SDN, Only as Good as its Applications

Software Defined Networking (SDN) is poised to remake datacenter network environments the same way virtualization remade the server farm.

As far as big deals go, then, SDN  is pretty huge. Enterprises should, if all goes as planned, gain the ability to deploy, alter and demolish network environments at the drop of a hat − just in time for the dynamic data onslaught brought on by cloud computing, mobility and social networking.

With any software platform, however, success or failure rarely depends on the environment itself, but on the applications residing within. Judging by the major dollars that top vendors like VMware and Cisco are pouring into SDN and the OpenFlow protocol that powers it, it’s likely that the handful of application endeavors already on board will soon be joined by a plethora of commercial developers ready to get in on the action.

That’s part of the reason why Big Switch’s recent Floodlight release has drawn so much buzz. As a Java-based  OpenFlow controller, third-party developers now have a convenient means to create and implement enterprise-grade applications that will span both the physical and virtual layers of SDN infrastructure. A key component in the controller is its Apache license, which is intended to ease the transition from research and development settings to full commercial operations.

Already, there are a number of application development efforts from organizations like OpenFlowHub. Some are fairly obvious, like the Open vSwitch and RouteFlow projects, which look to build software-based versions of traditional networking hardware components like, well, switches and routers. These are likely to form the basis for much of the network dynamism and abstract-layer engineering that will drive SDN deployments.

On the more esoteric side, there are apps like FlowScale, which looks to divide and distribute traffic flows across multiple switch ports. This should push much of the load-balancing and network coordination functions to a Top of Rack switch while at the same time placing control plane functionality onto software, allowing enterprises to cut costs and increase flexibility for high-traffic environments.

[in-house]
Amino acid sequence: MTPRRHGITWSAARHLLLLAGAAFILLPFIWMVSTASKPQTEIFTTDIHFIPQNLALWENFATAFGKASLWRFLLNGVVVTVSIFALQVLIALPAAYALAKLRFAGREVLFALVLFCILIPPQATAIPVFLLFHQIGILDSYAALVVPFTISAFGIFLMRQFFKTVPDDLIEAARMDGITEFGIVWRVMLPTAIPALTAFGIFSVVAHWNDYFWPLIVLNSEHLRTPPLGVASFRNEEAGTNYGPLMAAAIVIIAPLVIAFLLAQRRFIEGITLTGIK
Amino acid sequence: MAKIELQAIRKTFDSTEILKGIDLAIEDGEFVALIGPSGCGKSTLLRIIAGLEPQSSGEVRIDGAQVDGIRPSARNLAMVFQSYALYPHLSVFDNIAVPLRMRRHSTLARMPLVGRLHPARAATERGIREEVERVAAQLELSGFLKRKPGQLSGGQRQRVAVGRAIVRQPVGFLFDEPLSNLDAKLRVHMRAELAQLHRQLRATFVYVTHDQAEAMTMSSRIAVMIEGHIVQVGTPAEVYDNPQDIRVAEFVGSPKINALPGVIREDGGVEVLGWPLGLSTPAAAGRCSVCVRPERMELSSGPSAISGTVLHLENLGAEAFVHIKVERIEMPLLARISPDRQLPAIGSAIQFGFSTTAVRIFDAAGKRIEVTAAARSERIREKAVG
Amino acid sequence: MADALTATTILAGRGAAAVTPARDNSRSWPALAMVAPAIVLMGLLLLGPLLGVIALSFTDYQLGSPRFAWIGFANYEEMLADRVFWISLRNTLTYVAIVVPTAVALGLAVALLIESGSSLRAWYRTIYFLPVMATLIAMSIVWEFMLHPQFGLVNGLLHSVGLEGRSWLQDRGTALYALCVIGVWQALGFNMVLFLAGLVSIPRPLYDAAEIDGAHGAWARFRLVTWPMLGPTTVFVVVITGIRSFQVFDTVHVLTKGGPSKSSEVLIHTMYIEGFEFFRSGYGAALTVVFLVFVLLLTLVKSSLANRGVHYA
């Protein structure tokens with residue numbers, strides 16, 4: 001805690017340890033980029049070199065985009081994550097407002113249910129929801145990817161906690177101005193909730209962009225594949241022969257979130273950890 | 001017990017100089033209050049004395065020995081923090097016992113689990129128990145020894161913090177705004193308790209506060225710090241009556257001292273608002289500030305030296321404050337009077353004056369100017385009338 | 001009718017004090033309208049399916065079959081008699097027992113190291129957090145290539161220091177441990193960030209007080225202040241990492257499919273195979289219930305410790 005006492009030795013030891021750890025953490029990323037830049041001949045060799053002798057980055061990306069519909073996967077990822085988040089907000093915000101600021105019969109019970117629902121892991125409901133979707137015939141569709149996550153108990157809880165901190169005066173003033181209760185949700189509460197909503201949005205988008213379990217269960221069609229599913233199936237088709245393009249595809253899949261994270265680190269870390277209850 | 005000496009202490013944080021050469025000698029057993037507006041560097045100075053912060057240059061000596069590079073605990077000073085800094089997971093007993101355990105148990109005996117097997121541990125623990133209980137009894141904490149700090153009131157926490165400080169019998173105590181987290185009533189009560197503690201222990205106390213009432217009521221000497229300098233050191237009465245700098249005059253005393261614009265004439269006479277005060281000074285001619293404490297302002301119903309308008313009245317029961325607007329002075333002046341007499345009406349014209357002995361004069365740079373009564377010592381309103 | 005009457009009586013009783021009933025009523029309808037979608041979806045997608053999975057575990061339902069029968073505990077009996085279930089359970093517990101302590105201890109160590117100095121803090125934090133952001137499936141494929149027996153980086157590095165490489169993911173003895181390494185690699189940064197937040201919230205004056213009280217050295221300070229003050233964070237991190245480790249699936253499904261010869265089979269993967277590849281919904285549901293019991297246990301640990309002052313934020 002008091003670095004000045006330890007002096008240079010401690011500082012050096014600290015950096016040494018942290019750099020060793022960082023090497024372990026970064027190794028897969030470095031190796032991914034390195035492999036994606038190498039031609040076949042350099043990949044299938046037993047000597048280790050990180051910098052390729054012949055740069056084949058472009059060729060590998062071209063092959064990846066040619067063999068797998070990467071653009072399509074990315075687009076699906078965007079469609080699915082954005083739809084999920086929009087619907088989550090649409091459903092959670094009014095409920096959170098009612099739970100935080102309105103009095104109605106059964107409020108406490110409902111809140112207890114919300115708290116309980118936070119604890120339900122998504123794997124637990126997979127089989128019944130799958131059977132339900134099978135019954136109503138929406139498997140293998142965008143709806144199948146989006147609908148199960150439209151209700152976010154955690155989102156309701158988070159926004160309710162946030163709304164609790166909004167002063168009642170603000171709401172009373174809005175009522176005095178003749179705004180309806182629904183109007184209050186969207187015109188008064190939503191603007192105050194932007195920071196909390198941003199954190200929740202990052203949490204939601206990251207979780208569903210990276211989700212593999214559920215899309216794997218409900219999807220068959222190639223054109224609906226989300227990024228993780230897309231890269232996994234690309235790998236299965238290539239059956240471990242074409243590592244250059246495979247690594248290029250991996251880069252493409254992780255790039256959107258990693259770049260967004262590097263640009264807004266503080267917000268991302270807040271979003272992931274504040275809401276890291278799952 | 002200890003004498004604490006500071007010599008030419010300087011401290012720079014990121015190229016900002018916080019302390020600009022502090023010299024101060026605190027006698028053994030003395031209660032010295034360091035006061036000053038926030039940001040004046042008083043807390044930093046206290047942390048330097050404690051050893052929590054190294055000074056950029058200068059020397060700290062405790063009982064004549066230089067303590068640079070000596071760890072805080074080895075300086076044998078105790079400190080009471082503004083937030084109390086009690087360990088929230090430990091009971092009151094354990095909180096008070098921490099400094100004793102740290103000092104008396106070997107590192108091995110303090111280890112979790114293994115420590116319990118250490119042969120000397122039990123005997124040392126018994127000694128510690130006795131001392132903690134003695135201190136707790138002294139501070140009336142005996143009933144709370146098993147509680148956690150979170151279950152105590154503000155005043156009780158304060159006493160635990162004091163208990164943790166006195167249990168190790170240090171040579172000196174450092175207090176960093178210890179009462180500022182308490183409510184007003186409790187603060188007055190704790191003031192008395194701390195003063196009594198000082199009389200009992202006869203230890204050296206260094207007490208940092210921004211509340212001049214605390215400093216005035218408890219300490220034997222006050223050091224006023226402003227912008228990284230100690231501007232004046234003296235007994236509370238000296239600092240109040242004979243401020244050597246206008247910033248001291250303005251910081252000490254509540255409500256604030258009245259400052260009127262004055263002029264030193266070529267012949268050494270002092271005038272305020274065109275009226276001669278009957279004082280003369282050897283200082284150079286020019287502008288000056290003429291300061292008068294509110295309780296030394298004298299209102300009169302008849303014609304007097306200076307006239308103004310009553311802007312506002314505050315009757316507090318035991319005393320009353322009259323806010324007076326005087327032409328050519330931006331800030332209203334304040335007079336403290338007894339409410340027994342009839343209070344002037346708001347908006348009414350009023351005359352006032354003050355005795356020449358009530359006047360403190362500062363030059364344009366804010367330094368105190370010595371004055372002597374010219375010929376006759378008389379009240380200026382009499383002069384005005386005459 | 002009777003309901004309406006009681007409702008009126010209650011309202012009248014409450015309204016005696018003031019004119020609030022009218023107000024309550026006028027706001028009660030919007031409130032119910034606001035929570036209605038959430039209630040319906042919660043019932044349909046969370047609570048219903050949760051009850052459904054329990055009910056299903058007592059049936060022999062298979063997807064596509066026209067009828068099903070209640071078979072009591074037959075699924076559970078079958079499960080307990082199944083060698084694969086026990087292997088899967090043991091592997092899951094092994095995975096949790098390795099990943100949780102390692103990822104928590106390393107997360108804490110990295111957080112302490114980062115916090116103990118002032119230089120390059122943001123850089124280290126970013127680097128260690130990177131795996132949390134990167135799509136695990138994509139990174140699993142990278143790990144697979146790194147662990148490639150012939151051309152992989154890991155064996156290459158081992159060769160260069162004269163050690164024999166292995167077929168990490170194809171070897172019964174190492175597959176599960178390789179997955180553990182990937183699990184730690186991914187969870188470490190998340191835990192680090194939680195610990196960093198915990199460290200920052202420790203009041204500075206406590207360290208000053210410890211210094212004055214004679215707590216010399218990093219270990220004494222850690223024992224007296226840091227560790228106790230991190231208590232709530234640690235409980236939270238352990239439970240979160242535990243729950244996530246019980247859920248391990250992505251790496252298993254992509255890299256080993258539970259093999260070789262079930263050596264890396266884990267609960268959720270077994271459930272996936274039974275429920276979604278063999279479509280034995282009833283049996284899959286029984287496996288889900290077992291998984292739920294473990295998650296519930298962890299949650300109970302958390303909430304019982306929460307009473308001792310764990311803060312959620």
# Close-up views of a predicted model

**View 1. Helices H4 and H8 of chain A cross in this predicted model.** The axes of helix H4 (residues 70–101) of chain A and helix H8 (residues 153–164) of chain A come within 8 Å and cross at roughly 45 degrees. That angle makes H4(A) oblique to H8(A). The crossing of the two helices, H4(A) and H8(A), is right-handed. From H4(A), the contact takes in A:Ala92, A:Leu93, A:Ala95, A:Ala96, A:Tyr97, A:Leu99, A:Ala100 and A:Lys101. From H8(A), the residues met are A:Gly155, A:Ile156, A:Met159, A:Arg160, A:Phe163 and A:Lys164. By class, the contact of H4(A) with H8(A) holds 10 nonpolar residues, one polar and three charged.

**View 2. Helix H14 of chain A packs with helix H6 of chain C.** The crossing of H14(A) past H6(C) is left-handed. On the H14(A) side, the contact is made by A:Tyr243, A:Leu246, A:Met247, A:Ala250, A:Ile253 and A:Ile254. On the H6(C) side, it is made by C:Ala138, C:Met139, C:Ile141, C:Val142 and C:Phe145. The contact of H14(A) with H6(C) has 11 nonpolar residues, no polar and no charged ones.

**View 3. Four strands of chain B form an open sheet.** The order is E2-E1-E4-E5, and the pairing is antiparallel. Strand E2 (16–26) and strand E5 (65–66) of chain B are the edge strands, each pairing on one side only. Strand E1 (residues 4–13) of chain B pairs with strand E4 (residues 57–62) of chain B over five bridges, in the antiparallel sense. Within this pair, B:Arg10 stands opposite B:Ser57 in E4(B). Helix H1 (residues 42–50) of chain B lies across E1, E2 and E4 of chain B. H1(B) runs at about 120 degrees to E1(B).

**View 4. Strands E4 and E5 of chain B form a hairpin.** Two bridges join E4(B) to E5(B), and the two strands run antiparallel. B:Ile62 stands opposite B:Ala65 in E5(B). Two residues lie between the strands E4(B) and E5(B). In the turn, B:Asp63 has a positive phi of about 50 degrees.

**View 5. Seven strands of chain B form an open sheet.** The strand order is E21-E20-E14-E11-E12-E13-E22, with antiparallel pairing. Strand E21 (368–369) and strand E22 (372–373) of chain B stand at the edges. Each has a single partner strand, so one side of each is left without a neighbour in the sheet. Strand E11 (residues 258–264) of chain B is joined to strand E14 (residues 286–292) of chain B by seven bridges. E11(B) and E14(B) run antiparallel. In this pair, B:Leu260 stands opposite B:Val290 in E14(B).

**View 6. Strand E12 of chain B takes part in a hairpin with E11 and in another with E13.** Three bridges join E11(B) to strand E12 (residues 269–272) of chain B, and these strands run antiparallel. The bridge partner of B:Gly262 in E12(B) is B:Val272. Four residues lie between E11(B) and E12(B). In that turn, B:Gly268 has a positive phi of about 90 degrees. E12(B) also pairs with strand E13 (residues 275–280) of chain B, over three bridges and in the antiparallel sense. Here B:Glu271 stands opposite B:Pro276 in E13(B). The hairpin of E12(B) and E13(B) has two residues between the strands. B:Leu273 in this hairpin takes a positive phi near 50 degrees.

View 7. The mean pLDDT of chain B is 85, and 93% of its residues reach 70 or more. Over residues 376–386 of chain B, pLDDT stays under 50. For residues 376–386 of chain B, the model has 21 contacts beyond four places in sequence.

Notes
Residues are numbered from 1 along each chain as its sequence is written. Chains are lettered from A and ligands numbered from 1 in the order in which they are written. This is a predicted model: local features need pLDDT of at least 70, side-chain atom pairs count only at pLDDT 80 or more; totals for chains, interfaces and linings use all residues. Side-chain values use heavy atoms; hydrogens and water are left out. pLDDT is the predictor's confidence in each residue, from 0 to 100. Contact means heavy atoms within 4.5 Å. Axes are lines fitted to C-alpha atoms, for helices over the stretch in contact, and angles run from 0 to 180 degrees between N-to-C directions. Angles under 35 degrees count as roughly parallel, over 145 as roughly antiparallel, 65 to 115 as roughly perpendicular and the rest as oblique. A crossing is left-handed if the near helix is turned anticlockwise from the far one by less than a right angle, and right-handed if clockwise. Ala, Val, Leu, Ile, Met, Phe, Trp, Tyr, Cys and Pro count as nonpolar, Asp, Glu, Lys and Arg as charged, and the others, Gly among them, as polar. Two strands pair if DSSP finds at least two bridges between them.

Other development environments include Mirage, which backers describe as an exokernel used to build high-performance applications for cloud and mobile environments. The platform uses OCaml language to incorporate Linux or Mac OS X code into the Xen hypervisor, where it can easily be deployed on popular clouds like Amazon EC2. The platform provides syntax extensions and libraries to simplify network, storage and concurrency development tools, and provides an easy mechanism to map to OS constructs for production compilation.

It’s way too early to tell which of these, plus others either on or heading to the drawing board, will rise to the top of the heap to become the “killer app” for SDN. But it is safe to say that without the tools to implement the kinds of advanced network topologies that SDN promises, networks will continue to be one of the primary limiting factors in the drive toward universal, cloud-based dynamic infrastructure.

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